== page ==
The phrase “turning the corner” has been thrown around a lot at Clemson during the past 12 or 13 years. Once the dominant football program in the ACC, Clemson has seemingly found itself in a frustrating labyrinth during that time, where it’s either found itself constantly going in circles or simply smacking right into a new wall once it turned one of those corners.
Consider last year: only Clemson could finally turn one of its biggest corners by winning its first ACC Championship in 20 years, only to trip headfirst into an ignominious beat down in the Orange Bowl, where its defense surrendered a record-setting 70 points. It was “Clemson pulling a Clemson,” as some pundits have termed it.
They’ve already turned another one of those corners by winning its much-anticipated showdown against Auburn in the Georgia Dome in the Kickoff Classic opener, a place and venue that’s been a house of horrors for the program for nearly a decade.
Since defeating Tennessee in the Chick-Fil-A Bowl in 2004, Clemson had gone O-for-Atlanta until the beginning of this season, as they had lost another bowl game and another kickoff classic (and this is not to mention their inability to defeat Georgia Tech on its home field during that time) in that stretch.
That first Kickoff Classic in 2008 was one of the program’s more embarrassing moments; armed with a top-ten national ranking and even some National Title expectations, Clemson was thumped by Alabama and run out of the Dome with their tiger tails tucked between their legs. By mid-season, its head coach, Tommy Bowden, had been fired, its championship aspirations faded into a desperate attempt to simply reach a bowl game.
One might say it was a signature season for Bowden since it so adequately captured his tenure, which was full of false starts and disappointments. Just when it seemed Clemson had ascended to the cusp of greatness, they’d either fall just short or spectacularly flame out.
Inconsistency plagued the Bowden era; none of his teams could ever put together a complete season, nor was there much continuity between them. His teams would either start slow and finish strong (as was was the case in 2003 and 2007) or vice versa (consider 2000 and 2006), with neither approach netting a championship.
Those seasons with strong finishes always dangled the possibility of greatness for the next season–next year would be the year, at least until the program set itself back with disappointing campaigns.
The Dabo Swinney era hasn’t been completely different; sure, he guided the Tigers to that elusive championship last year, but even that team often left one frustrated. It was a team that had no business losing to an unranked North Carolina State team at the end of season, much less getting completely blown out by the Wolfpack.
Like his predecessor, Dabo seemingly raised that team from the ashes of a disappointing previous season; 2010 saw Clemson go 6-7, which was its first losing record since 1998. As such, no one expected Clemson to come roaring out of the gate to an 8-0 start and a top ten ranking, yet, there they were in October before their season came to a bittersweet end.
They captured the conference title, but there was still a sense of slight disappointment thanks to another loss to archrival South Carolina and the Orange Bowl debacle (Clemson fans likely winced anytime they passed a 70mph speed limit sign this off season). That “one step forward, two steps back” pattern has been Clemson’s calling card for over a decade.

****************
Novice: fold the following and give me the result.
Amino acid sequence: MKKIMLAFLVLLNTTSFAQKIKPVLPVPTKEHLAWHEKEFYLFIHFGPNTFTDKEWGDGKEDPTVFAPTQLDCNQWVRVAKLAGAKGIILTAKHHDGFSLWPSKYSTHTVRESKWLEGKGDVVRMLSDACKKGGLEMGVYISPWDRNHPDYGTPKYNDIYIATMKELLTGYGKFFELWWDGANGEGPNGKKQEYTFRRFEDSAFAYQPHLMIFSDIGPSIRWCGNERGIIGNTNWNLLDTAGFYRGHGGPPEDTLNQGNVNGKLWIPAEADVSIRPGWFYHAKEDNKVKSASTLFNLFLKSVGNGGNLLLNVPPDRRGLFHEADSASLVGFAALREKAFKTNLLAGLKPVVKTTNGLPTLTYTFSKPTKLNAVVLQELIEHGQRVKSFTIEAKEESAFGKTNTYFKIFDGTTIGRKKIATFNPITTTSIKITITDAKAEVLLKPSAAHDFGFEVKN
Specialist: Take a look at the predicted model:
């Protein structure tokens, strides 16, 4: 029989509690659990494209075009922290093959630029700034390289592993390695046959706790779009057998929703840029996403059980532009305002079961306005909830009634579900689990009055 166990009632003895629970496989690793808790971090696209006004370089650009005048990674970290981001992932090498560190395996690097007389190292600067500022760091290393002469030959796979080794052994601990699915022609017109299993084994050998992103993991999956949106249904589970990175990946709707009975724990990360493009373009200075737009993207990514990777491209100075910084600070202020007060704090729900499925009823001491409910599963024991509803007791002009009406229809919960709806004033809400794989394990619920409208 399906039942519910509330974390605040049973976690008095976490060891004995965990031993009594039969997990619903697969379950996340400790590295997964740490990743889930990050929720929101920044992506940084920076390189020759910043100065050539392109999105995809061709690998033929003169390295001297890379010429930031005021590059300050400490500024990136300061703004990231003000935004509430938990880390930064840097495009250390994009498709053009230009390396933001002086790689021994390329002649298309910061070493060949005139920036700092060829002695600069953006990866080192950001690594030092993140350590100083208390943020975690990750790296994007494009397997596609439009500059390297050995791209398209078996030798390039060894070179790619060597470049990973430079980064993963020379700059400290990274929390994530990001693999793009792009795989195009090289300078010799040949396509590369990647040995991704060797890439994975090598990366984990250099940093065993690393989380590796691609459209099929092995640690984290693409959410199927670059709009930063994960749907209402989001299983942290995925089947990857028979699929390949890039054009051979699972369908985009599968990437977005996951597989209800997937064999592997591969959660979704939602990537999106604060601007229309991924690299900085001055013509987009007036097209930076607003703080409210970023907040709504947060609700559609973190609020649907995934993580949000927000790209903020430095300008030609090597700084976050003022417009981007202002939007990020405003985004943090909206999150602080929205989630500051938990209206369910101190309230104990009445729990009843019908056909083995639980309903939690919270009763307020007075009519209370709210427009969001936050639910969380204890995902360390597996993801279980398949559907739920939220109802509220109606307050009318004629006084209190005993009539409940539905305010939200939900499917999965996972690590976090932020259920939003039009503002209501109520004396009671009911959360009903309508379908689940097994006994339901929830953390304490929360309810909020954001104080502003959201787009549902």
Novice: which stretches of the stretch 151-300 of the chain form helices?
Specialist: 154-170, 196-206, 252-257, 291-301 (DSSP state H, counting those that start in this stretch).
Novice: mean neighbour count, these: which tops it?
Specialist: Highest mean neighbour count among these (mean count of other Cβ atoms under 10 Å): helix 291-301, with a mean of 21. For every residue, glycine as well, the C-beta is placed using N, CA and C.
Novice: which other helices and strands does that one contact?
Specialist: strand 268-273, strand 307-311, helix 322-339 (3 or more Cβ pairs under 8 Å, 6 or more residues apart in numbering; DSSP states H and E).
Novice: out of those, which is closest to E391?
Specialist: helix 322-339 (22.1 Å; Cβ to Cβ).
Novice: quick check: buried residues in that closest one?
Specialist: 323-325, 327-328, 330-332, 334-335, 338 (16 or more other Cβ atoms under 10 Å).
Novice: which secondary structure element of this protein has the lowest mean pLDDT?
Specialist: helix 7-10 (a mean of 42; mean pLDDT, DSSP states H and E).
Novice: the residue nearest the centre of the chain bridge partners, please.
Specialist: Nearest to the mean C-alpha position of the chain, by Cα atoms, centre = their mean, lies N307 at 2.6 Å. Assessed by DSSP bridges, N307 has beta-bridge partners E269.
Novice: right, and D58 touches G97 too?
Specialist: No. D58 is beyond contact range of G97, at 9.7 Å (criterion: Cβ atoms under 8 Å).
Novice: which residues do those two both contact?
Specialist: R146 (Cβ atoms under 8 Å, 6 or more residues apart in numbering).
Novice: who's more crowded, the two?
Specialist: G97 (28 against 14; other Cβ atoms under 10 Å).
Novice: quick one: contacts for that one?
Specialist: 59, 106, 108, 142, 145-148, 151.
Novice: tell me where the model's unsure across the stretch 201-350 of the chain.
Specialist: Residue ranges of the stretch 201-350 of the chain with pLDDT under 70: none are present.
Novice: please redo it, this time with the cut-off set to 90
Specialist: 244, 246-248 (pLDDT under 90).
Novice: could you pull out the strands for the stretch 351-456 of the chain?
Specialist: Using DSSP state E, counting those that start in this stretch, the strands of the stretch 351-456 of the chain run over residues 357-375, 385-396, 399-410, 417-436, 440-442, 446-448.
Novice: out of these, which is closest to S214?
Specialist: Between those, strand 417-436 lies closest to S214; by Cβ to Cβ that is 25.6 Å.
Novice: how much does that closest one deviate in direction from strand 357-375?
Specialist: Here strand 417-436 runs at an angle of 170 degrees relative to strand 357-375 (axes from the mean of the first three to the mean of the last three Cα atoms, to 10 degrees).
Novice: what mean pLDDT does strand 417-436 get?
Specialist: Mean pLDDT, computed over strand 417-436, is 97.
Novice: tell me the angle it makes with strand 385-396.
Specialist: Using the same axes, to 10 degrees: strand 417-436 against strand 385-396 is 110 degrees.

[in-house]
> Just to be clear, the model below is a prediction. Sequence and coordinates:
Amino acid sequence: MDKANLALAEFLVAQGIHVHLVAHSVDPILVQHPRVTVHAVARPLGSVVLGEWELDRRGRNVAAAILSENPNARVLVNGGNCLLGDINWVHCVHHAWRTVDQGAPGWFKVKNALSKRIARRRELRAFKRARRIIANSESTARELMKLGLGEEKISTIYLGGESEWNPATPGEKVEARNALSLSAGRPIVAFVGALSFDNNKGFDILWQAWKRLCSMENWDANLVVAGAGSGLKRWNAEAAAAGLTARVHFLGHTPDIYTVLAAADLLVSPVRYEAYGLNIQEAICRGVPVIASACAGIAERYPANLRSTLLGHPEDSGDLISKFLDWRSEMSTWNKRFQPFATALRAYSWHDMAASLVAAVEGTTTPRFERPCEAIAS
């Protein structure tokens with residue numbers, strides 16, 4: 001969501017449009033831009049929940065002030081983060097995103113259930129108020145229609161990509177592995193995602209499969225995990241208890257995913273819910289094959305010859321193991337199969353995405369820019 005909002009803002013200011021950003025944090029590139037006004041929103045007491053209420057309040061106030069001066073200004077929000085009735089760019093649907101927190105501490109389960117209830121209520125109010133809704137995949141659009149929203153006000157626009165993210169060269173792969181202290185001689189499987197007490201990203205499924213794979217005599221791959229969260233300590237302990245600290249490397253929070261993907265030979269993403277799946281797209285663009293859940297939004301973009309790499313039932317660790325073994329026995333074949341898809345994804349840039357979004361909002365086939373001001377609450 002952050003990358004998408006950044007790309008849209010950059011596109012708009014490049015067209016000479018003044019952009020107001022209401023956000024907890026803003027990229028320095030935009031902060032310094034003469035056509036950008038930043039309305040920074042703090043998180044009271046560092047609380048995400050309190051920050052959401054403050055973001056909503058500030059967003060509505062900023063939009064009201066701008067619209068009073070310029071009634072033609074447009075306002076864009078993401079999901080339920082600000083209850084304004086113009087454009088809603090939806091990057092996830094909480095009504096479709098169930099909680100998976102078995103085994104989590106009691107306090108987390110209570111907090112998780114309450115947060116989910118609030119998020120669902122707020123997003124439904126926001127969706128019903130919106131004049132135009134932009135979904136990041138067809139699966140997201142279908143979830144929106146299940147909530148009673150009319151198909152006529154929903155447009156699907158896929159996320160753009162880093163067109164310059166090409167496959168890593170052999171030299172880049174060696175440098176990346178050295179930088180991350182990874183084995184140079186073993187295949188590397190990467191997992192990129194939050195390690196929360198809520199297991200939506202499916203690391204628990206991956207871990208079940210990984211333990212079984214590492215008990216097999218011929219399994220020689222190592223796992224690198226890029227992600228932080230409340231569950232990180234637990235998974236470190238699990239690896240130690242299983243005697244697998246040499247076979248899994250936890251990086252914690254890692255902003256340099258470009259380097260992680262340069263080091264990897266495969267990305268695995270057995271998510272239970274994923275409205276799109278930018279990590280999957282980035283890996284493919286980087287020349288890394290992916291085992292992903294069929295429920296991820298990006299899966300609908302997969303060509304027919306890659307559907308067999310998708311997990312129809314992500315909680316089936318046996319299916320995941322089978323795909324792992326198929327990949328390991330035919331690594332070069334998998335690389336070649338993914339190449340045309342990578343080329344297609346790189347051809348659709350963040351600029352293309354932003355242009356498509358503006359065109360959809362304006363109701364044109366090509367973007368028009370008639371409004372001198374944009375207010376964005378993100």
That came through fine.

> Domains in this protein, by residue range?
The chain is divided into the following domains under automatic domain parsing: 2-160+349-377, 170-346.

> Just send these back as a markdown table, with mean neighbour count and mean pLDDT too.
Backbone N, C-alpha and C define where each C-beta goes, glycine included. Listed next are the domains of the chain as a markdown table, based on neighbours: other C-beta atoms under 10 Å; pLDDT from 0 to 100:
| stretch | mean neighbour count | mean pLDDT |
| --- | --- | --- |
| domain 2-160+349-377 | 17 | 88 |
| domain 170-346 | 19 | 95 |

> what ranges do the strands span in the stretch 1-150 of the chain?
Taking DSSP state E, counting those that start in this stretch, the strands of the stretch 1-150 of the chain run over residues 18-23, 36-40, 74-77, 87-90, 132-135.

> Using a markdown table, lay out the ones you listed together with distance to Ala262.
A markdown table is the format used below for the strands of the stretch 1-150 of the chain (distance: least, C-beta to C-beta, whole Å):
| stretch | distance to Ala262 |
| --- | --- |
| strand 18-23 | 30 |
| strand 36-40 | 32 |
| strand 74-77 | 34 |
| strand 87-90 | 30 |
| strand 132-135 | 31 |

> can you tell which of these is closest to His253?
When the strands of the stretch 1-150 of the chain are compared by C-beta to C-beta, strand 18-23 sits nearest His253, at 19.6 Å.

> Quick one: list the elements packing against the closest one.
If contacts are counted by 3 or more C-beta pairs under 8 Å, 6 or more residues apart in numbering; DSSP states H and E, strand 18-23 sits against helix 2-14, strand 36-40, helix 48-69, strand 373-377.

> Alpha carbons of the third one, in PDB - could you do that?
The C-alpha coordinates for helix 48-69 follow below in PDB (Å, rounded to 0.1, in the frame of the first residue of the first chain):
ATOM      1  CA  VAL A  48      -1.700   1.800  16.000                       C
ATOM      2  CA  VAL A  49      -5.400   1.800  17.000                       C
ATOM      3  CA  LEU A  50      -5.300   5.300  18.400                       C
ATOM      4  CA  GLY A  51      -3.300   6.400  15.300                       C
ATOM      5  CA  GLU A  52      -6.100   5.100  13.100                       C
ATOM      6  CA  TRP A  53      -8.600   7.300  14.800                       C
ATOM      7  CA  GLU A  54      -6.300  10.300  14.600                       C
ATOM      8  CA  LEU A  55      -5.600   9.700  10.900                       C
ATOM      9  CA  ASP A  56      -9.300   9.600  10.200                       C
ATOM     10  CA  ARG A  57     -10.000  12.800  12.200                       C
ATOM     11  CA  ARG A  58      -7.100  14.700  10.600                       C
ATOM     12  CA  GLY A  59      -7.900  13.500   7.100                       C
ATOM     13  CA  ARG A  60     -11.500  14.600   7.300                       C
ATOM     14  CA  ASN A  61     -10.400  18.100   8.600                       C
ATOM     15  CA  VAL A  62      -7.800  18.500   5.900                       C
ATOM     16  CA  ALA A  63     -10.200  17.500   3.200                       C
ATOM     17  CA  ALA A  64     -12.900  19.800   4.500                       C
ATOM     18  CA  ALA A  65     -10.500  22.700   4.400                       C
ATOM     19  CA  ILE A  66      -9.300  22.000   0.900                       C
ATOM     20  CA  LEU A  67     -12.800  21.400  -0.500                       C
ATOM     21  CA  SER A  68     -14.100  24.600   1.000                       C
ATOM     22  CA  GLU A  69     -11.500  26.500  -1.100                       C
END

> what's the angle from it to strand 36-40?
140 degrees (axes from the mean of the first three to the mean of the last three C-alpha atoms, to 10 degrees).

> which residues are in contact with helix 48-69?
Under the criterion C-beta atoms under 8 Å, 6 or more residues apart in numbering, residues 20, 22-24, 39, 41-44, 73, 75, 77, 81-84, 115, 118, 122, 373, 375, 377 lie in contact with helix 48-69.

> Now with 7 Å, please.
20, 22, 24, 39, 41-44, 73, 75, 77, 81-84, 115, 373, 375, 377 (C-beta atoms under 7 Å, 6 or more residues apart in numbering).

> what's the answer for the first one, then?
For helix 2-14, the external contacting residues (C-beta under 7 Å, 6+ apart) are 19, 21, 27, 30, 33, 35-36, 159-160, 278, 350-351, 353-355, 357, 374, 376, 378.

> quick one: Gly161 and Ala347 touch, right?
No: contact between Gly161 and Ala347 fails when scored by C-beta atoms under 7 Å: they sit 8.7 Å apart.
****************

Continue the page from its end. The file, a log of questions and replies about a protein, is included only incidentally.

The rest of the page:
Because of that, it’s easy for pundits to assume that Clemson will “pull a Clemson” once again this year. You can already hear those headlines forming if it loses its next big showdown with Florida State down in Tallahassee in two weeks, which would take them out of the driver’s seat in their title defense.
However, that won’t be “pulling a Clemson”–not really, not if Florida State is truly one of the best teams in the nation. Beating them on their home field will be a difficult task even for this Clemson team that’s armed with one of the best offenses in college football.
No, “pulling a Clemson” would be allowing such a defeat to define its season and not rebounding to take care of business in other games it should win this season. There’s little shame in losing to a great team like Florida State (if they are indeed a great team this year); Clemson’s problem during all these years has been dropping games to underperforming teams they should have beaten.
One can also envision another scenario that sees Clemson escape Tallahassee with its life and high-ranking in the polls, only to turn around and lose to one of those underperformers. It’d be a very Clemson thing to do.
So when will Clemson have finally turned the corner? It only comes after it’s turned in a season where they finally live up to reasonable expectations. While nothing short of a National Championship will quell the most ravenous of Tiger faithful, most of Clemson Nation would just be satisfied to see Clemson maintain some level of consistency during and between seasons.
Clemson doesn’t even need to repeat as ACC Champions to shed itself of its label–it needs only to avoid dropping games to lesser opponents, coming up just short of the next goal, or inexplicably wilting in the national spotlight.
Oh, and beating South Carolina would go a long way in considering a season a success. It’s been a long three years for Tiger fans, most of whom have never seen the rivalry from the perspective of being their rival’s yearly punching bag.
Simply beating the Gamecocks–considered by many to simply be a birthright–is one corner Clemson rarely had any trouble turning in the past, and it’s one Swinney needs to navigate this season if the program is to ever emerge from this maze of frustration.